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Planning services in low resource settings

In this interview with Dr Mathenge, we discuss the challenges faced in Africa and the approaches that can be used to address them.
Daksha Patel: So Ciku could you highlight what is a typical pathway that a person with diabetes navigates in a low resource centre.
Wanjiku Mathenge: I don’t think there is a typical pathway. I think I would describe it as a series of Ds. As soon as a patient gets this diagnosis, it sounds like doom and death to them, and it takes a long time for them to accept that they have diabetes. And after they come to that realisation and acceptance, they then have to start taking new medications– the second D is drugs. And it’s hard to access the drugs– some of them may not be available at the nearest pharmacy, and where they are available, they may not be affordable. And with a diagnosis also comes a new diet, the third D.
And this diet that is recommended for people living with diabetes is usually more expensive than the normal food that the family eats, and this has budgetary implications for the family. It has logistical implications. Do they prepare two meals every time? And this can be very difficult for the patients to navigate through. And finally, they’re told that you have to see a lot of doctors, because it’s not just diabetes. There’s the complications of diabetes, and they’re told you have to see a foot doctor, a heart doctor, a kidney doctor, an eye doctor. So much as ophthalmologists, we want the eye checkup to be up there.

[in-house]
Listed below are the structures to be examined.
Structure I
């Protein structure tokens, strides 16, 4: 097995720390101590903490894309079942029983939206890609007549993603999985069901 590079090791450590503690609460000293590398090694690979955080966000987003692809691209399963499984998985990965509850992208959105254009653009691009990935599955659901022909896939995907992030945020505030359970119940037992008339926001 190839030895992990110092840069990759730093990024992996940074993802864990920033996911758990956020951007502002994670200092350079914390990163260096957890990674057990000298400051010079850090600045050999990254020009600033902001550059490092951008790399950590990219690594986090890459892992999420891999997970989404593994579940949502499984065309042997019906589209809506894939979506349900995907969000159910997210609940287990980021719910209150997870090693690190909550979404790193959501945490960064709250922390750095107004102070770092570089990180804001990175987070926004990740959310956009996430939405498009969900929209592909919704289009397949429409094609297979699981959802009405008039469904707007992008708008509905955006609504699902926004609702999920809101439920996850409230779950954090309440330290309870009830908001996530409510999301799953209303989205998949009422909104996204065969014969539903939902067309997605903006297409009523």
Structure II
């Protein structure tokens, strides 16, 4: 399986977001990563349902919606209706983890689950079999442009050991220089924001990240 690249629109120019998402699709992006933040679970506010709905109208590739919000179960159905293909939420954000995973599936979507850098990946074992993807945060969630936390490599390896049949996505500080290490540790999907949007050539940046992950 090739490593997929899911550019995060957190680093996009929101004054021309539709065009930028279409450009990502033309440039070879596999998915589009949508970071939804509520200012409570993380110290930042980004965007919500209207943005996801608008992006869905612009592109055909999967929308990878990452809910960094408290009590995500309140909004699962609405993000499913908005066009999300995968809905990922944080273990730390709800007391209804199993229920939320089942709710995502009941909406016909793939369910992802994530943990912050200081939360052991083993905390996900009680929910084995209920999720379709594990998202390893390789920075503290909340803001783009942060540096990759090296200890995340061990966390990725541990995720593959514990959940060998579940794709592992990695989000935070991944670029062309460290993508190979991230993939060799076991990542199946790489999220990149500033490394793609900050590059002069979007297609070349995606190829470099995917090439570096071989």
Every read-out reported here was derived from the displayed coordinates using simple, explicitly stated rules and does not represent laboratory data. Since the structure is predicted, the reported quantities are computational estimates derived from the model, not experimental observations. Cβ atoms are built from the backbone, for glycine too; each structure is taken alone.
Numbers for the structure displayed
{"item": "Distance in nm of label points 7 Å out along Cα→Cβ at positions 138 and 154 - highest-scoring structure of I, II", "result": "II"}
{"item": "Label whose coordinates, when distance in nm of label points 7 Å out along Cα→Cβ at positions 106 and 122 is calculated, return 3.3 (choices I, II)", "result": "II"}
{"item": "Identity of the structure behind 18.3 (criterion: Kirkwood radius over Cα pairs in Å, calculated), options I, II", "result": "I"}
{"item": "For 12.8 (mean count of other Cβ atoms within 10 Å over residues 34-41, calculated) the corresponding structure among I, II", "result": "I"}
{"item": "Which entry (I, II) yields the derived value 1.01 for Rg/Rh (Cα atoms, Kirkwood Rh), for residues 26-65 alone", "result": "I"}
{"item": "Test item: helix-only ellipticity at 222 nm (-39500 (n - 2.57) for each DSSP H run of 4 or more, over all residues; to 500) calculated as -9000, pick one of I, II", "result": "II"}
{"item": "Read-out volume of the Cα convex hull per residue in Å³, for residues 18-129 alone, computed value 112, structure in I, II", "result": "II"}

It’s really very low on the list of the Ds that this patient has to navigate through.
Daksha : At a health system level, what are the major concerns when it comes to the treatment of diabetic retinopathy?
Wanjiku: At the health system level, there are many challenges. So the first one is just the people to deal with the disease. There is a shortage of practitioners who can deal with diabetic retinopathy. We may have ophthalmologists, but they may not have the skills that they need to provide the treatments. But I don’t think there’s anywhere where there is enough ophthalmologists. We need to get in more retinal specialists, and we need to put in more skills at the training level to get every new ophthalmologist coming out with some skills.
In terms of the stuff that’s needed to treat the patients, the lasers, the diagnostic equipment, the OCTs, the cameras, all this costs a lot of money, and it’s very difficult for a hospital to accept to buy a piece of equipment that’s just for the eyes that costs so much. And something like an OCT, which is becoming an integral part of the care for DR is really expensive.
Then the financing. So the cost of all this treatments, whether it is the procedures for diagnoses or the medicines that the patient needs, the laser procedures, all that cost a lot. It costs a lot for the hospital to procure and stock up with those consumables, and that cost is passed on to the patient. But the other thing is just the massive number of specialists that are needed to take care of the patient, whether it’s the retinal specialist, whether it’s the other comorbidities, because a lot of times when patients come to me, for example, with diabetic retinopathy, their sugars are out of control, their renal function is bad.